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Adjustment Disorder

  • By: Yo Jackson
  • In: Encyclopedia of School Psychology
  • Edited by: Steven W. Lee
  • Subject:School/Educational Psychology (general), School Psychology, Educational Psychology

A normal part of child development involves experiencing events that are unexpected or unpleasant and learning how to overcome these challenges. However, for some individuals, recovery after a stressful event is not so easy and distress appears long after the event is over. Children who exhibit problematic reactions to stressful experiences beyond typical levels may be demonstrating symptoms of an adjustment disorder.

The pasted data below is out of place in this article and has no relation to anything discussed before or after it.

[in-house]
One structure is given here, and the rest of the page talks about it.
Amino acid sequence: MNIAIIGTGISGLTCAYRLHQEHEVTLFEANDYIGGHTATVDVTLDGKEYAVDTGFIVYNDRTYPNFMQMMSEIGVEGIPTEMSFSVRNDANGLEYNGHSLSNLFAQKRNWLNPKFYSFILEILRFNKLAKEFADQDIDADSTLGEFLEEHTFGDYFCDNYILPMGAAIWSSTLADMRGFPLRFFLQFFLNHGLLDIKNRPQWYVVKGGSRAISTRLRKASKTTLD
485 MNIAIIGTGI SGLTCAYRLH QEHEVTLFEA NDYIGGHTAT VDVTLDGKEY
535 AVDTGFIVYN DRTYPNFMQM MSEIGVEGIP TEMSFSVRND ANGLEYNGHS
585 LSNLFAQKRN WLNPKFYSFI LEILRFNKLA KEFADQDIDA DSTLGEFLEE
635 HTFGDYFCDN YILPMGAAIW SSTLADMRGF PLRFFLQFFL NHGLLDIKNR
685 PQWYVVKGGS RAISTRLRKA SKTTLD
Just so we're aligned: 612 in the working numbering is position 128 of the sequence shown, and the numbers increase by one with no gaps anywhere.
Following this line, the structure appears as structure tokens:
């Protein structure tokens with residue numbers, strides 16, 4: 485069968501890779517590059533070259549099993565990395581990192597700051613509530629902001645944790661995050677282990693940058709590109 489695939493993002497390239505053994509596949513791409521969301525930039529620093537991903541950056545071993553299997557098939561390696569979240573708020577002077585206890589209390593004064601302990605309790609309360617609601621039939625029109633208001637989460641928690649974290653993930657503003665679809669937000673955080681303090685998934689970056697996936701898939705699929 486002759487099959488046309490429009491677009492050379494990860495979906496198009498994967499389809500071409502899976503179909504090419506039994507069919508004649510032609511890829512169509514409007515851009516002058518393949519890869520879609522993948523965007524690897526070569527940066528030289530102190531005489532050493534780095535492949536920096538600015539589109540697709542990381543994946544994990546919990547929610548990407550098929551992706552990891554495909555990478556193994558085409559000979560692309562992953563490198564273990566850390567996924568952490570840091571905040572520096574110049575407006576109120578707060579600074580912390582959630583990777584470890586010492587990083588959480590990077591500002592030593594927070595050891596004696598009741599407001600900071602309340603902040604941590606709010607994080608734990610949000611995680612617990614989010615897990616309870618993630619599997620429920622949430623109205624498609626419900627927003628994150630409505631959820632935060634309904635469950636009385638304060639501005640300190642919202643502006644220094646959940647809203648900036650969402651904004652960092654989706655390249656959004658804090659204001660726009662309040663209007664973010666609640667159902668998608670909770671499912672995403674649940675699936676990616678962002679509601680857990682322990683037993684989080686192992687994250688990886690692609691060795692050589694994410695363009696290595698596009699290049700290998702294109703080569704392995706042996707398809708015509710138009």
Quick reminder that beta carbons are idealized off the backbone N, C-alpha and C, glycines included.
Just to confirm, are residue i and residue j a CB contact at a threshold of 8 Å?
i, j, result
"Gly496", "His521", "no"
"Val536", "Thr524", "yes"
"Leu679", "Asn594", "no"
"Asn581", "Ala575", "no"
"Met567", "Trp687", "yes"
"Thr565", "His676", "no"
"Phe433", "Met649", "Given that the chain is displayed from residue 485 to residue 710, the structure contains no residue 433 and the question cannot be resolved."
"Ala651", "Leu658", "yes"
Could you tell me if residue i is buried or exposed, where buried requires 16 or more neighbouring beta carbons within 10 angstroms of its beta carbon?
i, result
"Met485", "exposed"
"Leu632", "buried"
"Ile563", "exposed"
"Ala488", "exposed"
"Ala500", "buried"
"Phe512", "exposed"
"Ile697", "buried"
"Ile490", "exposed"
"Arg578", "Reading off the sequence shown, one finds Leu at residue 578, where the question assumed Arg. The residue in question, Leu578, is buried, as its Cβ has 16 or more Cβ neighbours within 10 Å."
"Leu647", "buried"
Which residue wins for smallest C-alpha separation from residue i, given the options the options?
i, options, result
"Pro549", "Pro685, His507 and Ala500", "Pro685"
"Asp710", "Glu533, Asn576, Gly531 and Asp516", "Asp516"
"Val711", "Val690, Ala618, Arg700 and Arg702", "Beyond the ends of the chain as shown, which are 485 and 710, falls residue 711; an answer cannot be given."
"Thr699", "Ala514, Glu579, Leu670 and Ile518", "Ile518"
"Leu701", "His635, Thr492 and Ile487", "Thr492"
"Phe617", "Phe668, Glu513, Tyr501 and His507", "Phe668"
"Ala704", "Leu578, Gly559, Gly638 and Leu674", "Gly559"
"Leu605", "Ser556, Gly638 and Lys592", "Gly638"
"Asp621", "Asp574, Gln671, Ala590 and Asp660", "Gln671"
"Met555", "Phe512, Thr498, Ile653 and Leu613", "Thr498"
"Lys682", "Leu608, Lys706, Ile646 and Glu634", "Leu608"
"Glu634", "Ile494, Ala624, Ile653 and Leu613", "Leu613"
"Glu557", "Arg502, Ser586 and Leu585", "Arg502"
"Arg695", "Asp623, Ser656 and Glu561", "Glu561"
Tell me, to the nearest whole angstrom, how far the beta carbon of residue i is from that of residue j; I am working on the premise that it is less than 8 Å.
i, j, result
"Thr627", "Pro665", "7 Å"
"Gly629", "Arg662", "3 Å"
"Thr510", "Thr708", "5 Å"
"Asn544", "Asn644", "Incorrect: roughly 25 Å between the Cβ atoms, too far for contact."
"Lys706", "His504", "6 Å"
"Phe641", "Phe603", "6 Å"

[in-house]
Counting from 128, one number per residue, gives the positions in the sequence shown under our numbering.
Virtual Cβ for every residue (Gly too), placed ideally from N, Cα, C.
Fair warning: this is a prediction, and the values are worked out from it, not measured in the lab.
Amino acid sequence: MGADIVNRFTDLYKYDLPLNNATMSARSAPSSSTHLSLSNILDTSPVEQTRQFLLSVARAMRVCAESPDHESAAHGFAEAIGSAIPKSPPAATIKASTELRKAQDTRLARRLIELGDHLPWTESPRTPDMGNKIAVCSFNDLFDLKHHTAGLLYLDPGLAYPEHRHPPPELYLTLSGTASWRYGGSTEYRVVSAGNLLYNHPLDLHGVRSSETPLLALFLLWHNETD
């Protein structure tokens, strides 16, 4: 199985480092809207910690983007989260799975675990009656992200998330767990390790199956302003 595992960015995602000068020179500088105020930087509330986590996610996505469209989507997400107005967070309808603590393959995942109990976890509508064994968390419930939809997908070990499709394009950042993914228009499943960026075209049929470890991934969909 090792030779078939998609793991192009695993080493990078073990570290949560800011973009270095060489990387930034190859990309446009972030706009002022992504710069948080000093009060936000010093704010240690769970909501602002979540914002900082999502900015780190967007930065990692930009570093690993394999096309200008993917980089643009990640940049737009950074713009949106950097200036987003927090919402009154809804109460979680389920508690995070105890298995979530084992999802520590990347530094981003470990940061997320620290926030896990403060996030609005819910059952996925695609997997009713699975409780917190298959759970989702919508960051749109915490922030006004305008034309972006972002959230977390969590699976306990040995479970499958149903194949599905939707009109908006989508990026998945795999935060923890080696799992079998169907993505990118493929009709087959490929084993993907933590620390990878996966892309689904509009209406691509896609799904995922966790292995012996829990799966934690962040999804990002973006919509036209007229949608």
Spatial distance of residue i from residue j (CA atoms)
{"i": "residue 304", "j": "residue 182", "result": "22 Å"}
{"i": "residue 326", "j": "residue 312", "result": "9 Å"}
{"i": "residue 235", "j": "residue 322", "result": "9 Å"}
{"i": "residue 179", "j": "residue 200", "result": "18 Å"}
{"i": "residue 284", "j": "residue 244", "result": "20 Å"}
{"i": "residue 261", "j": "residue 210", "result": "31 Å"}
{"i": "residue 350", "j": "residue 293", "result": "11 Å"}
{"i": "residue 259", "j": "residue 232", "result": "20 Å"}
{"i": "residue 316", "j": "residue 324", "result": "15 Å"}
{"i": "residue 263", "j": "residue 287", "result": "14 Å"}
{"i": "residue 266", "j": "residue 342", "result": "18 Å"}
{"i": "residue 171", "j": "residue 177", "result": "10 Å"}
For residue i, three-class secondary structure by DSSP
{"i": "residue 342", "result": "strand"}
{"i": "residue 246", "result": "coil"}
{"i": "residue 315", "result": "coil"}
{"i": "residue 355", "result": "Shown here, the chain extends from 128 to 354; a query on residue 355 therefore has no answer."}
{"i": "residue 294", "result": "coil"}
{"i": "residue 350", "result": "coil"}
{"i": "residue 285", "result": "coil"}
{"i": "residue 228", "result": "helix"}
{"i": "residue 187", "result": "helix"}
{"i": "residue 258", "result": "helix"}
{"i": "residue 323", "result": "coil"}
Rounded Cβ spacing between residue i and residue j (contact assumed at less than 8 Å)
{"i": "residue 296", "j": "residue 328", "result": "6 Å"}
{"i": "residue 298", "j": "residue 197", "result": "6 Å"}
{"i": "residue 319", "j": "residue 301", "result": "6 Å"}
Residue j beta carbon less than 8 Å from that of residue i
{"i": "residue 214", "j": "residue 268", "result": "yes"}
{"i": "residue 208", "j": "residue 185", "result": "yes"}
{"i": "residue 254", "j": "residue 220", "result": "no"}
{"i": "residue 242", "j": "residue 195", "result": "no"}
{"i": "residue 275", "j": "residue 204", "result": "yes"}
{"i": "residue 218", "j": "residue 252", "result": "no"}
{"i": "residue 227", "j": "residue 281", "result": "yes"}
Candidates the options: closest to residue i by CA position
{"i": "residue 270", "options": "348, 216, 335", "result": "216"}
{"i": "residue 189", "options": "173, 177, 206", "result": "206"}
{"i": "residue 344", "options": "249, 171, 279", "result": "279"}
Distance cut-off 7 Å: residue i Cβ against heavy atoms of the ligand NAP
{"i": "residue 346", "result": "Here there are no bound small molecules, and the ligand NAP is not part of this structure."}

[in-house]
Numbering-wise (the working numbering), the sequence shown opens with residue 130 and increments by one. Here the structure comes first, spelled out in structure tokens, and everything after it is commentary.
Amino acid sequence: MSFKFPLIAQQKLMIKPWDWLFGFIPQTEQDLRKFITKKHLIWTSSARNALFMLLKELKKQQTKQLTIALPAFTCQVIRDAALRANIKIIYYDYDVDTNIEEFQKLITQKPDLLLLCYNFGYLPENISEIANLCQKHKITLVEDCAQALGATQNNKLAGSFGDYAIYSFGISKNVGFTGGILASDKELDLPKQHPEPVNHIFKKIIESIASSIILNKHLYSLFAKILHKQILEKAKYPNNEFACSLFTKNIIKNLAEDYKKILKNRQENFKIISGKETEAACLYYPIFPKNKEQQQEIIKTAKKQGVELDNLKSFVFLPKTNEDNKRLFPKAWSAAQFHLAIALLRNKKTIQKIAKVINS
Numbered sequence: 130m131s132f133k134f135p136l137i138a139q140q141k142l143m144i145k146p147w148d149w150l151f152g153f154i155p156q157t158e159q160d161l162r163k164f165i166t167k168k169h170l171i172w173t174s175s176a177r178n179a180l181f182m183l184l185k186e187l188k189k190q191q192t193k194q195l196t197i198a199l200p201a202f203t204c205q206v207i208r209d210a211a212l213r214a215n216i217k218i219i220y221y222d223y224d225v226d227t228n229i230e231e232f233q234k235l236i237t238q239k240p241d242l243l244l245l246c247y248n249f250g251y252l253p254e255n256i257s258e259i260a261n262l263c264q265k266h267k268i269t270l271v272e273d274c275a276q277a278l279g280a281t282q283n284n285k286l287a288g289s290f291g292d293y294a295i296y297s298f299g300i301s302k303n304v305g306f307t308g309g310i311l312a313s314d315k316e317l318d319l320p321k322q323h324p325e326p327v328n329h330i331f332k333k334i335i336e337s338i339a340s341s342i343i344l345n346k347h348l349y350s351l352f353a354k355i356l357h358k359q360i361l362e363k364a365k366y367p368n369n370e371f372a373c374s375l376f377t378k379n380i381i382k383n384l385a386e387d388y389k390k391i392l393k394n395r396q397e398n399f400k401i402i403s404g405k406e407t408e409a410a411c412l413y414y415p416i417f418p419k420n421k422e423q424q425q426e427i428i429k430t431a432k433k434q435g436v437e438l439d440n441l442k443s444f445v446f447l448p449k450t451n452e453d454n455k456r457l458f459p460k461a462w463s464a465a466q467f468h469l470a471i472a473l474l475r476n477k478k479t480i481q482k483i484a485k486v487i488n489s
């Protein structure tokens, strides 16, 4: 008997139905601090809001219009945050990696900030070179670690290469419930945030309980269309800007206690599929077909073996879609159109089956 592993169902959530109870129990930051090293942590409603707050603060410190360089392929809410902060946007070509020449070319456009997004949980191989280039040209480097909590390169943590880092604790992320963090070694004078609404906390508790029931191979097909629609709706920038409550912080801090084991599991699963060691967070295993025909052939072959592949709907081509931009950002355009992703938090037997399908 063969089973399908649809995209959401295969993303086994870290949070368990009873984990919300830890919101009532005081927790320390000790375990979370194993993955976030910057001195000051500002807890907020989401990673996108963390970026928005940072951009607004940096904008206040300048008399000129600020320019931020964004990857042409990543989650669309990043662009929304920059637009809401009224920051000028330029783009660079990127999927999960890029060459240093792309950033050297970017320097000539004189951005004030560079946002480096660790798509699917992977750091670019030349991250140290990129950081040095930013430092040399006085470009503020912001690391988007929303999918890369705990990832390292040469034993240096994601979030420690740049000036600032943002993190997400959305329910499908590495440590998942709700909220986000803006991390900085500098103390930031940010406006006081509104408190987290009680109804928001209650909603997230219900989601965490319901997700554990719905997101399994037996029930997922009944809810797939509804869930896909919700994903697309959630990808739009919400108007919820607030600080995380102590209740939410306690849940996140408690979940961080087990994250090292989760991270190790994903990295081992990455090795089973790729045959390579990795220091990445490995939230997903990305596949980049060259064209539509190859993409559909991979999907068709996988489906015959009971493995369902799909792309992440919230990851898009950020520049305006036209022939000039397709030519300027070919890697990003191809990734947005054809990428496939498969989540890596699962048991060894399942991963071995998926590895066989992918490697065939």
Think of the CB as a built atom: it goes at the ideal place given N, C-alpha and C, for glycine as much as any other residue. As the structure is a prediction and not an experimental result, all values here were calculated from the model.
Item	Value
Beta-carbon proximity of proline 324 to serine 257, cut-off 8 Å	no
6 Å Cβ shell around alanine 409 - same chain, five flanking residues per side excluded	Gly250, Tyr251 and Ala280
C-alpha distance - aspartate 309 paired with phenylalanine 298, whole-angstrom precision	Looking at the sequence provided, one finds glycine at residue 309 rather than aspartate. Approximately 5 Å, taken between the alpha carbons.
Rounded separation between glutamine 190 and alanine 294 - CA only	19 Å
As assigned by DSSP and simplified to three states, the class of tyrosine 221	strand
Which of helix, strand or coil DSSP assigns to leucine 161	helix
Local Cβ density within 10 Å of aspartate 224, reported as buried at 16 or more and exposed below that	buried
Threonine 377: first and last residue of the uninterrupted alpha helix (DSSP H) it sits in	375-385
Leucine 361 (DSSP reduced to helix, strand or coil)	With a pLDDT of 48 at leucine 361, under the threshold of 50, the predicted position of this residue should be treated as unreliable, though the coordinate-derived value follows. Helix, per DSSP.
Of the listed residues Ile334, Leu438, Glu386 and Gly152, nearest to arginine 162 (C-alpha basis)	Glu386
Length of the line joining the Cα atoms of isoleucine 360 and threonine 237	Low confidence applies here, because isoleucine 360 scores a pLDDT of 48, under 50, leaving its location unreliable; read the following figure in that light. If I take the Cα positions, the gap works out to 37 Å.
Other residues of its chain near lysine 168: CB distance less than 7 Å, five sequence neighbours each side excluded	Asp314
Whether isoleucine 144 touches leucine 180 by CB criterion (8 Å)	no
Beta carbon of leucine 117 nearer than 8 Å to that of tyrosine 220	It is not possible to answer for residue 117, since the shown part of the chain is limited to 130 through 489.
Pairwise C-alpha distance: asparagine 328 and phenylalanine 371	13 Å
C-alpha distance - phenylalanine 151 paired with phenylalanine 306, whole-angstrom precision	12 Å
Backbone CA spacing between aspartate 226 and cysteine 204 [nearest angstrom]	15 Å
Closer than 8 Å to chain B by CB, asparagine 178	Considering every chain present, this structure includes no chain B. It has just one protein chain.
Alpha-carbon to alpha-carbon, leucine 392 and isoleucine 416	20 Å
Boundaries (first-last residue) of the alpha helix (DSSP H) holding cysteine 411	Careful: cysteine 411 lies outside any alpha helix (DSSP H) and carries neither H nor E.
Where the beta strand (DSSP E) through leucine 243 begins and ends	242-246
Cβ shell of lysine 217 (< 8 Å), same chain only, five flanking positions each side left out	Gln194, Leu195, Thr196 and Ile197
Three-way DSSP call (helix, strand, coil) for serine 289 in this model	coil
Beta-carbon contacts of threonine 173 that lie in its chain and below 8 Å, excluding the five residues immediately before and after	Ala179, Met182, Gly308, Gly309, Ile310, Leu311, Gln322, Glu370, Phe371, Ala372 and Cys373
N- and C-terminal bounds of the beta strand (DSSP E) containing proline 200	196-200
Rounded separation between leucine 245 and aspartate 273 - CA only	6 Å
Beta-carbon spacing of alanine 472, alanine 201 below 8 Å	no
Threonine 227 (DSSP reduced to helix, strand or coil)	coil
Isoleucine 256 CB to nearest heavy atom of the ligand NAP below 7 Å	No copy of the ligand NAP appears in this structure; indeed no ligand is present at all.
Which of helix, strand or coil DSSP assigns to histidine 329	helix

The Diagnostic and Statistical Manual of Mental Disorders, Fourth Edition-Text Revision (DSM-IV-TR) (American Psychiatric Association, 2000) describes adjustment disorder as a child's response to an identifiable stressor that is much more severe than would be expected. Adjustment disorder also applies when the reaction is expected or typical, but reaches the threshold for an adjustment disorder when that reaction begins to impair the child's social ...

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